By Monson, Dian Saderup
First Things: A Monthly Journal of Religion and Public Life
The recent death of Catholic author Andre Dubus represents a loss to anyone interested in the fate of contemporary religious fiction in America. Dubus embodied a combination rarely found among fiction writers of faith: superb, non-didactic craftsmanship and profound spiritual sensitivities. His death has made me reflect, again, on current trends in literary criticism, for while I doubt any serious critic would deny Dubus' abilities, few seem equipped to discern his most profound purposes.
This is hardly surprising. Since the rise of the French linguist/philosopher Jacques Derrida and the advent of deconstructive literary theory in the early 1980s, the very idea of discoverable authorial intention has apparently been rendered absurd, something to be discussed, perhaps, by hapless junior high school English teachers but not by serious scholars. Words are, after all, "indeterminate" in their meanings and texts are valuable not for what their authors may have hoped to convey through them, but for how skillfully the critic can apply his own meanings to the "unstable" sentences on the page. I recall a student in graduate school who in a seminar on theories of the novel commented offhandedly: "We all know authors can't communicate with readers." Nobody else challenged the statement, and in my ignorance of theory I felt unqualified to do so.
These ten years later I still regret my cowardly silence. Today, when I teach freshman English, a student will almost invariably ask, "Well, Mrs. Monson, uh, what do you think Wharton [or whoever] is trying to say?" While such a question betrays naivete--a novel cannot be reduced to a set of themes, a moral, or a message--it nevertheless articulates in rudimentary fashion an intuition that is exactly on target: when good novelists write they have things they are interested in achieving with their words. They have ideas, feelings, and experiences in mind that cannot be adequately expressed apart from fictional image. It is counterintuitive to approach a written work and not be at least somewhat curious as to what the writer of the work envisioned as he composed it. Words are symbols created expressly to communicate, and without the need to communicate, that is to commune, human beings would never have fashioned language at all.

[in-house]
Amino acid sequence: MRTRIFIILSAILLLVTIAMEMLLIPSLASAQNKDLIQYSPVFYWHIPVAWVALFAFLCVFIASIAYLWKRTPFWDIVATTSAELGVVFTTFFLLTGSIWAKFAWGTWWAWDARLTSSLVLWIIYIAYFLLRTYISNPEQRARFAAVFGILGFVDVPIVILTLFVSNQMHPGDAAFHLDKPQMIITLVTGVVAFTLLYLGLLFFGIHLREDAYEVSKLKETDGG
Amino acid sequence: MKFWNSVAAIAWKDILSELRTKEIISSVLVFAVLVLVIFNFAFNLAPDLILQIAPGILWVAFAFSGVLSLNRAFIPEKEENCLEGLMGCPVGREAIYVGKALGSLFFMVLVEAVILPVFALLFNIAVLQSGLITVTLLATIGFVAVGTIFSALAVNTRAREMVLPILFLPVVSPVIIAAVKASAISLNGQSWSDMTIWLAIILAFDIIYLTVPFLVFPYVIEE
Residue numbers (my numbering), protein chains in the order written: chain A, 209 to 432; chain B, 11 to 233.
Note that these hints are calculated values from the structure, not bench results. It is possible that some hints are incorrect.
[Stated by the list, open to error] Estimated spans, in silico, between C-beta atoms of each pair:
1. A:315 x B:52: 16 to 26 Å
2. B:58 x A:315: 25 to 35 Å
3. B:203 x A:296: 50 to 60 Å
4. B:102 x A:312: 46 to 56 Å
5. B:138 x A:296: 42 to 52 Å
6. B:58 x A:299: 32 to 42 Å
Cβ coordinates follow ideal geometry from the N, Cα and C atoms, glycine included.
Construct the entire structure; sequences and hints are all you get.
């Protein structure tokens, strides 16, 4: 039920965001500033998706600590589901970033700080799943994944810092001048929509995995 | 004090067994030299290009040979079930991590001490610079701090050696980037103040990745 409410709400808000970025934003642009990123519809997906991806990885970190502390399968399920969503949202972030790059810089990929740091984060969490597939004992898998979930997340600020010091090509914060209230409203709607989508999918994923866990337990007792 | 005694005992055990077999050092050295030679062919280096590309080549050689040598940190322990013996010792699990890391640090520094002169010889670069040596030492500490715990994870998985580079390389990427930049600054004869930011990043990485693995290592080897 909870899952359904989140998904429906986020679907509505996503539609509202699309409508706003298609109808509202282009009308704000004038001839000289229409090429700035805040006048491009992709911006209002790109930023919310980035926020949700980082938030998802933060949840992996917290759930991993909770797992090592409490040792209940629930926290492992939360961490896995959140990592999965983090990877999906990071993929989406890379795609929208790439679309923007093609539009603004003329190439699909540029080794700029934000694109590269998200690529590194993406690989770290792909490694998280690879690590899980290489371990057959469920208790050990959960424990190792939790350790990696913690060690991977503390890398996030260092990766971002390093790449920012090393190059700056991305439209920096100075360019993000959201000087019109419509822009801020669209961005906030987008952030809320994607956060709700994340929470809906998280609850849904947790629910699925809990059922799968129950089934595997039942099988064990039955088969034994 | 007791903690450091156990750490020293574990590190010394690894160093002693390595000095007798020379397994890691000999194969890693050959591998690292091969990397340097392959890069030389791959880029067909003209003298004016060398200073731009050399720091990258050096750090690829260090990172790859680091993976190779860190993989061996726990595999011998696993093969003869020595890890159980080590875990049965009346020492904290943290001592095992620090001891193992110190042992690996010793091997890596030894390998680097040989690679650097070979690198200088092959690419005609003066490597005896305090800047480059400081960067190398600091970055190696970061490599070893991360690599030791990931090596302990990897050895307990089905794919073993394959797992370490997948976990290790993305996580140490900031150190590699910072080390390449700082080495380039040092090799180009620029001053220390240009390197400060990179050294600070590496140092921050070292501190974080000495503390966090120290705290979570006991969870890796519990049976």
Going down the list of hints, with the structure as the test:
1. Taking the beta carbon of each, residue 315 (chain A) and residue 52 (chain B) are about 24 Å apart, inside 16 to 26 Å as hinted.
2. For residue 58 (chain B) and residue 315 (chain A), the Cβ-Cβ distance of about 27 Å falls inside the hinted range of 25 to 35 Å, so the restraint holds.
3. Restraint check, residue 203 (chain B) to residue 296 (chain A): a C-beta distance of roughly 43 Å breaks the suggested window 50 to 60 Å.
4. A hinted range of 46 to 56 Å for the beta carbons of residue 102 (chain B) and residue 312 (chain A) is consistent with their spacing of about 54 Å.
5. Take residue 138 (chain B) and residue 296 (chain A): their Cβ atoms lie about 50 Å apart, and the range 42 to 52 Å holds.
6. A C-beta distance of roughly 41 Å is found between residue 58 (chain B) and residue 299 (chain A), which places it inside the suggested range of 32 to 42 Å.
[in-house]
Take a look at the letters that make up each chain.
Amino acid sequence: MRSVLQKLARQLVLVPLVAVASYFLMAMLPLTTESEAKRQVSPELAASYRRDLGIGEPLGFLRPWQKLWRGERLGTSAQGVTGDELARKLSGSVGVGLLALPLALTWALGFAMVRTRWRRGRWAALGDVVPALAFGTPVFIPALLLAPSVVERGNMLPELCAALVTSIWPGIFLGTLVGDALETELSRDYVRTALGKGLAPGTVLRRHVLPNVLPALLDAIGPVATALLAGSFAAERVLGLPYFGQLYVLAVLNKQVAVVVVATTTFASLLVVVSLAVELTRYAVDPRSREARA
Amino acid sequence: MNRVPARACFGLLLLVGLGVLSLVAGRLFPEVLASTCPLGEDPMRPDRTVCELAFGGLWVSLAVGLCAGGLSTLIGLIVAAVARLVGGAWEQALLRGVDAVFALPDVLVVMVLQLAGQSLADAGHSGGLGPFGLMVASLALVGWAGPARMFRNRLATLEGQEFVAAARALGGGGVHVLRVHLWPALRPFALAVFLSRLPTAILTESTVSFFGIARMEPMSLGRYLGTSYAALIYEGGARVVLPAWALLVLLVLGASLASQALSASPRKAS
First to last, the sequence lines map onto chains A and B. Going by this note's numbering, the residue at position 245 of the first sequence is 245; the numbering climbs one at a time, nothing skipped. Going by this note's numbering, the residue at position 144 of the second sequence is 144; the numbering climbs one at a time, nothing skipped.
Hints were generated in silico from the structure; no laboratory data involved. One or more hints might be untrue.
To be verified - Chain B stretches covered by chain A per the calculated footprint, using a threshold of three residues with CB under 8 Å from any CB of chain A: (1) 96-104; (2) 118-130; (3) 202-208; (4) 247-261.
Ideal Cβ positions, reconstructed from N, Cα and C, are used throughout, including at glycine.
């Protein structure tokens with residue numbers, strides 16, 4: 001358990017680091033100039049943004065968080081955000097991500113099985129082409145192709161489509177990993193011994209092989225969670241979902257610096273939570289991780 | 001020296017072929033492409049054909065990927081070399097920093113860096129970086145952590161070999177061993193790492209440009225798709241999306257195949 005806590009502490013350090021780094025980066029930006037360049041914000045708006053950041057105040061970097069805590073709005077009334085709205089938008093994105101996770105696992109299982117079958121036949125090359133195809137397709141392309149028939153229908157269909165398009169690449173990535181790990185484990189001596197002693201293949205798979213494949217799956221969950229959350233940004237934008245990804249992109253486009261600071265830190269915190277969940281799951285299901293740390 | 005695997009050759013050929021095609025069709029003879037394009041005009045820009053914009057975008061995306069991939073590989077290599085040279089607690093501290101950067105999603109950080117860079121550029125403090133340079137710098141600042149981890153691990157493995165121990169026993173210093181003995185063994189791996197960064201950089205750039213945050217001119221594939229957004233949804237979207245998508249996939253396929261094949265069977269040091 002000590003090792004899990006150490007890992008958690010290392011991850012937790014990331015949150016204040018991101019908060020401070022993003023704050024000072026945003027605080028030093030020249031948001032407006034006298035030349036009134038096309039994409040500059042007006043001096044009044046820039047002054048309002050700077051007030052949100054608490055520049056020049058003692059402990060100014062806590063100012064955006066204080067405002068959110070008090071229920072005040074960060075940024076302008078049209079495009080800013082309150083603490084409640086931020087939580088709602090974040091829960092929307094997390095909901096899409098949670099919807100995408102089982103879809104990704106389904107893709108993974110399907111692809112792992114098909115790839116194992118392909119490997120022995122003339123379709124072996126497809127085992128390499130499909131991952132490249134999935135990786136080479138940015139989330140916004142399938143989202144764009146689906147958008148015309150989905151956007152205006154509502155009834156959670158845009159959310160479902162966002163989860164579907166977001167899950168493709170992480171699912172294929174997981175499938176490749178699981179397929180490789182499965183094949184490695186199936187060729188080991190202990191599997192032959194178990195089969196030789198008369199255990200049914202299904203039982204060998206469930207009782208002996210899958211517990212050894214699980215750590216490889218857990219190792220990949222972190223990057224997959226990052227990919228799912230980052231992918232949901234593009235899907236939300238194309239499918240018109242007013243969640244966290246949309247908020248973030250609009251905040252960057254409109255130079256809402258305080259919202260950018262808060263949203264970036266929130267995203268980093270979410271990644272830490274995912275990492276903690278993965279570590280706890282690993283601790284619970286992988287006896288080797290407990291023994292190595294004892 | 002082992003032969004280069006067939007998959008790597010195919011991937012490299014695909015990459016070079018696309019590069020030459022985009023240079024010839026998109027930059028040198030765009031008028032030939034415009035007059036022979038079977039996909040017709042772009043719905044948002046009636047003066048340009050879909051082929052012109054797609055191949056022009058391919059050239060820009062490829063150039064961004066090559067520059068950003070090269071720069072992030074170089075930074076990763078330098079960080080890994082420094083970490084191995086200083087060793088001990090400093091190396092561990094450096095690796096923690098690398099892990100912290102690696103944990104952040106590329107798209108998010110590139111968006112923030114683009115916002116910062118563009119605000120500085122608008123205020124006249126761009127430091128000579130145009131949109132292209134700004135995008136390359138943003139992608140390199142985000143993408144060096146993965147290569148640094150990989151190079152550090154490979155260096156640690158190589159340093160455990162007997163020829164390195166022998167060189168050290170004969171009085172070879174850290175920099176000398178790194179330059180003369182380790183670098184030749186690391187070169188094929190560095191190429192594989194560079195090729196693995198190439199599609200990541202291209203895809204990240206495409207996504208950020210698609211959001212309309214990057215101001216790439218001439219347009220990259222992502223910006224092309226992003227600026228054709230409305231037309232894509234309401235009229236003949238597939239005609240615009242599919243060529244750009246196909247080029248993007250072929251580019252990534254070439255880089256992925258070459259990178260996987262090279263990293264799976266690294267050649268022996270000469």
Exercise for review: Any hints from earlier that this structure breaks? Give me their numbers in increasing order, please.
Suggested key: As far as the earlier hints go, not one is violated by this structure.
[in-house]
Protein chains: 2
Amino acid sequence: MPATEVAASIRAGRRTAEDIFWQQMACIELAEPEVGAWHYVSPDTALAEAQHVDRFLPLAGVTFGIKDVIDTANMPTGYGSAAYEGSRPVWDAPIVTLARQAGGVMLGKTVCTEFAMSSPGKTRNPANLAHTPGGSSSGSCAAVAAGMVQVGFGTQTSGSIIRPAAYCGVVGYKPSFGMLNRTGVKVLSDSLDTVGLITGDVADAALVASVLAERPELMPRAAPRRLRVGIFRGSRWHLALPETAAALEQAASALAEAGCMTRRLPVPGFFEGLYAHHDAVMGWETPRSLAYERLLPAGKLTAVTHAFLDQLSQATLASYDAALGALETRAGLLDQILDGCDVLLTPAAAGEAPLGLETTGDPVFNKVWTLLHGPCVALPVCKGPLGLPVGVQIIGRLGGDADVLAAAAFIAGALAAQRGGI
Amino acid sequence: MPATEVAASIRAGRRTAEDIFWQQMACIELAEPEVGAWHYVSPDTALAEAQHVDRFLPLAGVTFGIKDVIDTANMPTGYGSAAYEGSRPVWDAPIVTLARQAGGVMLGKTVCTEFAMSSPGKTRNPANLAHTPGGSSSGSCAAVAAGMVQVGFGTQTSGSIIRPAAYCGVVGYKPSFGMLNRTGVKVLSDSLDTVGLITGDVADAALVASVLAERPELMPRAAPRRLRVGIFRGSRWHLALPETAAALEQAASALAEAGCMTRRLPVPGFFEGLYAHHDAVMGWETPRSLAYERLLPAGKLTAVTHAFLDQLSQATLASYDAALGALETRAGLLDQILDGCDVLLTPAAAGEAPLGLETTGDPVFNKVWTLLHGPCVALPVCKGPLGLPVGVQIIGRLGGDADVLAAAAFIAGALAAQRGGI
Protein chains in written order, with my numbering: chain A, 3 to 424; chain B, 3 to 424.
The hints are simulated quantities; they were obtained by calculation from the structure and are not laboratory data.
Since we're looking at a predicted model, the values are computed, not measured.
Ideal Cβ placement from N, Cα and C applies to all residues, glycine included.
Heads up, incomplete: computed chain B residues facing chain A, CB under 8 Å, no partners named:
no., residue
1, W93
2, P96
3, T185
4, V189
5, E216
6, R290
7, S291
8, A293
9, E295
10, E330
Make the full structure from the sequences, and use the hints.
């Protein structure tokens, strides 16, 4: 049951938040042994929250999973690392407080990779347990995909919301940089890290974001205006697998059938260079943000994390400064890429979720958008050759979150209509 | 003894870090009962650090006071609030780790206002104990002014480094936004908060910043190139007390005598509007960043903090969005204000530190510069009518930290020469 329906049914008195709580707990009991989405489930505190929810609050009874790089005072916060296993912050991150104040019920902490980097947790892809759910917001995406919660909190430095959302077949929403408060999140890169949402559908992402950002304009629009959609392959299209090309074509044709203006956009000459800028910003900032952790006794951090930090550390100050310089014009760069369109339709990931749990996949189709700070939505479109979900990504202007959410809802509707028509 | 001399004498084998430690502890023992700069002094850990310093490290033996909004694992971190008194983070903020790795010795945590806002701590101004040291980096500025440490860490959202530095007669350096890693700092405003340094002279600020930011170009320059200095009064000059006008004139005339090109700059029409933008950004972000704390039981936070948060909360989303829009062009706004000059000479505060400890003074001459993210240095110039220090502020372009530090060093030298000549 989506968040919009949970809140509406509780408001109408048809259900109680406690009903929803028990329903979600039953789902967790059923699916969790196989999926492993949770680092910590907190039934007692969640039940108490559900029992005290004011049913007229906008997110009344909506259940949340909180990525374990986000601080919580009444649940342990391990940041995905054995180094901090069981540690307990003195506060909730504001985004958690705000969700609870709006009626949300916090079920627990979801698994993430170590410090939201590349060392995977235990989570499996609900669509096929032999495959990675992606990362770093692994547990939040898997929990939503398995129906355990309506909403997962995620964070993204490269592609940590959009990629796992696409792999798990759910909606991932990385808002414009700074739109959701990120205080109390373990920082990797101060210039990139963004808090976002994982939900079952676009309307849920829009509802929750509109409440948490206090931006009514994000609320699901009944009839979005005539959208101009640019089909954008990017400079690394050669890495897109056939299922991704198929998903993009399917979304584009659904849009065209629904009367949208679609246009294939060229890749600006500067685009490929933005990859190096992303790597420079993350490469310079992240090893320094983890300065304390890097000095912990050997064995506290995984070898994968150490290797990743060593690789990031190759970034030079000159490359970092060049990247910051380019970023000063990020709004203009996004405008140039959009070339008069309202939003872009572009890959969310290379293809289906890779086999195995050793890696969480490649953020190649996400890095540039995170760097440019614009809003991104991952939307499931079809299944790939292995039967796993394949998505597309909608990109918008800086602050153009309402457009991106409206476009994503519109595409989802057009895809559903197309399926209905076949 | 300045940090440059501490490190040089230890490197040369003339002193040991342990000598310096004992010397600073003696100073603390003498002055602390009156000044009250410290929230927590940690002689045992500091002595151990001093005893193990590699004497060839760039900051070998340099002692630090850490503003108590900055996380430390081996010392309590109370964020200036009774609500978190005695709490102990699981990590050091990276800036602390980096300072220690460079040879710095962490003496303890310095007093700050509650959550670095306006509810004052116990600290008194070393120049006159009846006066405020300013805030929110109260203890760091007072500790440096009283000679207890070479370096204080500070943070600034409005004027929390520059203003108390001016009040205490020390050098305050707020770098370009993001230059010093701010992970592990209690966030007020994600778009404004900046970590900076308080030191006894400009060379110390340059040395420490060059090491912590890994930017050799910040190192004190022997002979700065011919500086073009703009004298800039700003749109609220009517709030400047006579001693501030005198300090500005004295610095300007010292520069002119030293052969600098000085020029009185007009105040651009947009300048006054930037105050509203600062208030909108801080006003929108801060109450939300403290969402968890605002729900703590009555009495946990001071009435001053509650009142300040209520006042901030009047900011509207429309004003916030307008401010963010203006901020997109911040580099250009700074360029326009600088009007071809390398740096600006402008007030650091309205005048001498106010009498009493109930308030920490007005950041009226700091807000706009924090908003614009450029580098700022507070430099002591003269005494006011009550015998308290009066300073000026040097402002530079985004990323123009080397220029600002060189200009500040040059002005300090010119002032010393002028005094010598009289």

In some ways a loss of belief in the efficacy of language to transmit experience from one human being to another seems akin to a loss of belief in God. The Christian Bible likens God to the Word: "In the beginning was the Word, and the Word was with God, and the Word was God." St. John's meaning may be enigmatic, but it does seem clear that he is somehow linking language with divinity. If as a people we lose our belief in language--in its capacity to span the gulf between speakers and listeners, writers and readers, or its efficacy in articulating reality--we are cut loose, set adrift, each individual stranded in time. In one way Derrida was right: we surely invest words with whatever meaning they contain. Yet that investiture is a central act of faith between and amongst people. The writing of a poem is not unlike the uttering of a prayer--words articulated against the void, sent out with purpose upon the dark expanse of space.
And so when a student asks about an author's meaning I answer him seriously, but try to steer him away from treating fiction as nonfiction. The novel especially, with its breadth and scope, has a peculiar capacity to carry us away, virtually transport us, in ways that by comparison other written literature cart do only feebly. A novel is not an intellectual puzzle to be pulled apart and reassembled so that all its themes and messages are explicit; approaching it that way grossly violates the text's integrity. The finest novels--Faulkner's tangled, majestic, brooding monsters, for example--ultimately resist interpretation; rather, they may suck us in, bathing us, as in the case of Faulkner, in a recreation of primary human passion. …